began to pressure the state to act as a broker in arranging regional and
global foreign investment agreements (North American Free Trade
Agreement [NAFTA], Asia Pacific Economic Cooperation [APEC], and the
Multilateral Agreement on Investments [MAI]), which serve the double
purposes of facilitating business and placing brakes on welfare state
programs and expenditures. Gradually, these foreign investment
agreements undermined the capacity of states to act on behalf of their
citizens. Legislative power shifted to the executive, while executive power
shifted to the departments of finance, trade, and industry. The economic
and political underpinnings of the welfare state compromise quickly began
to crumble. In its place, a new development model was implemented
throughout many Western countries based on structural adjustment
policies recommended by the World Bank, IMF, and the Organization for
Economic Cooperation and Development (OECD).
In the first decades of the unravelling, corporate taxes declined and
middle-class taxes and unemployment rose, while government
commitments to social programs remained static. It wasn't a pretty sight,
but nonetheless the welfare state limped on. By the early 1990S, however,
a lot of people — particularly members of the disgruntled upper-middle
class who felt overtaxed — wanted the "social" part of the welfare state
put down. Led by populist politicians aping forms of anti-political politics,
debt hysteria encouraged attacks not only upon the welfare state but
upon the idea of government in general.12
But the welfare state did not run aground on financial reefs alone.
By the 1980S, the socio-political environment had changed and the welfare
state faced considerable resentment from increasingly conservative
middle-class males and private-sector workers, who felt their traditional
advantages had been eroded by "special interests": various marginalized
groups (e.g., women and visible minorities) and entrenched public-sector
professionals and their clients (e.g., welfare recipients). Likewise, other
conservatives, such as religious fundamentalists, disliked the increasing
secularism, pluralism, and moral relativism encouraged by modernity, of
which the welfare state and the education system were a part.
These economic, political, and cultural critiques provided the popular
bases for a political coalition known as the New Right. Ideologically, this
coalition married neo-liberalism (or economic liberalism) to residual forms
of political and social conservatism.13 The New Right's first political
victories were in Britain, under Margaret Thatcher in 1979, and in the
United States, under Ronald Reagan in i98o.14 Then starting in 1984, the
New Right experienced a second wave of victories, beginning in New
Zealand, before entering Canada through Alberta. Here, as elsewhere, a
focus upon education was a necessary part of these victories.
New Right Ideology and
Educational Reform in Canada
Under the Canadian constitution, provinces have responsibility for
education. This control is complicated somewhat by the federal
government's fiscal authority: witness Paul Martin's announced
"millennium scholarship fund" (see below) and the anger expressed by
some provinces over this federal "intrusion." Nonetheless, the Chretien
Liberals have taken a neo-liberal turn since 1995 and downloaded power
to the provinces in all areas, including education.15
In Canada, no less than in Alberta, education has long been the site
for broader ideological debates (Kas Mazurek, chapter one). Beginning in
the early 1970S, Canada experienced a series of economic, social, and
political crises that continue, in one form or another, to beset the country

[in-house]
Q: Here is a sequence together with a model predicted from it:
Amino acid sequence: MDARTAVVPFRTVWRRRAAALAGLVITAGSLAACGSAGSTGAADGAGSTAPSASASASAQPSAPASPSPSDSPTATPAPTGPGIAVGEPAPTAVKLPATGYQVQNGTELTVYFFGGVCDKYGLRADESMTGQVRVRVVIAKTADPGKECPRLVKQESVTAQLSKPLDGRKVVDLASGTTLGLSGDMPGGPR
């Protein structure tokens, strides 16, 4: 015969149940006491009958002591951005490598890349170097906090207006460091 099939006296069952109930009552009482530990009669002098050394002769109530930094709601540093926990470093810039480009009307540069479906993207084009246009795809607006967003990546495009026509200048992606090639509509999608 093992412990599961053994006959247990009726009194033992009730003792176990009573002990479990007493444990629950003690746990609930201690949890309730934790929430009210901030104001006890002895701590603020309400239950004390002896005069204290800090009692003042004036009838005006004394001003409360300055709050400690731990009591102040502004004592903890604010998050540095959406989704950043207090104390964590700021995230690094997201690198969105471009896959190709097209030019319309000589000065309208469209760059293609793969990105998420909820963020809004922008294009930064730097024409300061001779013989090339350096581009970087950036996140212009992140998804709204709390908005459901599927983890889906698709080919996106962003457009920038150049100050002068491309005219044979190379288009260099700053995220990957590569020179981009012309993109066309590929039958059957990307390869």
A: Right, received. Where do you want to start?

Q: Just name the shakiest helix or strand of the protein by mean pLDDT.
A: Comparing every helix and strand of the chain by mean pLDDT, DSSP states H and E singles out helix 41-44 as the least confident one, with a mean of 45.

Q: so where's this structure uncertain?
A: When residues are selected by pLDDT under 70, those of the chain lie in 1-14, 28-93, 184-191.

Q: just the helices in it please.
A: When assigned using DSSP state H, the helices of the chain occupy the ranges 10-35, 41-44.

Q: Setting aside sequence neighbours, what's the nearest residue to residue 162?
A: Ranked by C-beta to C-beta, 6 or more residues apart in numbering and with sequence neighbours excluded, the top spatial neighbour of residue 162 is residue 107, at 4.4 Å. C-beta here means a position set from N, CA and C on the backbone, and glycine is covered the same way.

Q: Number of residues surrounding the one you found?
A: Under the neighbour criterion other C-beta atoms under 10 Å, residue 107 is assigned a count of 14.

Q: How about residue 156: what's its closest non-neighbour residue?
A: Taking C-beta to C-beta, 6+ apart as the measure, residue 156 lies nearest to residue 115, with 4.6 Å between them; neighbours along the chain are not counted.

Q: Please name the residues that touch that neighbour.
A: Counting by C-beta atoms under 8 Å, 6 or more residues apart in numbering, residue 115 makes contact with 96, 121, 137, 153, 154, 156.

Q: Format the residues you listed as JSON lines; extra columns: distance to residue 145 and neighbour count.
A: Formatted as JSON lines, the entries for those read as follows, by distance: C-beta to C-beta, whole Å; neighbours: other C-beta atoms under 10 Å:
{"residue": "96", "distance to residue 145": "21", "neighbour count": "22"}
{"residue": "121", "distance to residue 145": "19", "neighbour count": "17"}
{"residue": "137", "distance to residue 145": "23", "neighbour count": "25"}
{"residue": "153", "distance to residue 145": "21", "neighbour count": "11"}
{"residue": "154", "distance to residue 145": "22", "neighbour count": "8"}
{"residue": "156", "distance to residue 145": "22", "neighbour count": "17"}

and that have a major impact on education. Almost immediately,
education became a scapegoat for many of these problems.
The criticisms of education came from all fronts. Social democrats,
for example, berated progressive education for failing to deliver on social
equality, arguing that liberal schooling in a capitalist society actually
produces social inequality by socializing students for their future roles as
members of a compliant and proficient labour force. They further
denounced Canada's education system for failing to do enough to deal
with continuing racism and sexism.16 Likewise, traditional conservatives
faulted education for failing to instill "proper" social and moral values
and otherwise undermining the stability of the "traditional" (that is,
nuclear and patriarchal) family.17 But by far the most influential critique
of Canadian education was that launched by business people, various
neo-liberal organizations (e.g., the C.D. Howe Institute, the Fraser Institute,
the Economic Council of Canada), and members of the intellectual
In several important ways, neo-liberal critiques of education merged
with conservative concerns. Like many conservatives, neo-liberals argued
for increased parental "choice"19 and decried the seizure of education by
a so-called "iron triangle" of teacher unions, educational bureaucrats,
and university theoreticians, in coalition with other "special interests."
Kachur and Harrison XIX
Author Jerrold Kachur and Trevor W. Harrison Isbn 9780888643155 File size 12.51MB Year 1999 Pages 232 Language English File format PDF Category Politics and Sociology Book Description: FacebookTwitterGoogle+TumblrDiggMySpaceShare Education has become a battlefield, the classroom the arena where the contest is fought. The 1997 Ontario teachers’ strike, the federal government’s Millennium Scholarship, and a wave of protests across the country are among the signals that the war is heating up. Alberta stands as a Canadian model of radical education reform, propelled by economic necessity. But is all reform necessarily right or good?-and who decides? A range of commentators-teachers, scholars, parents, and others-discuss the conflict in Alberta’s schools. Download (12.51MB) Citizenship Education in China: Preparing Citizens for the Chinese Century Democratic Drift: Majoritarian Modification and Democratic Anomie in the United Kingdom The Way It Was: Vignettes from My One-Room Schools (Legacies Shared) Renegade Lawyer: The Life of J.L. Cohen Education and Democratic Theory: Finding a Place for Community Participation in Public School Reform Load more posts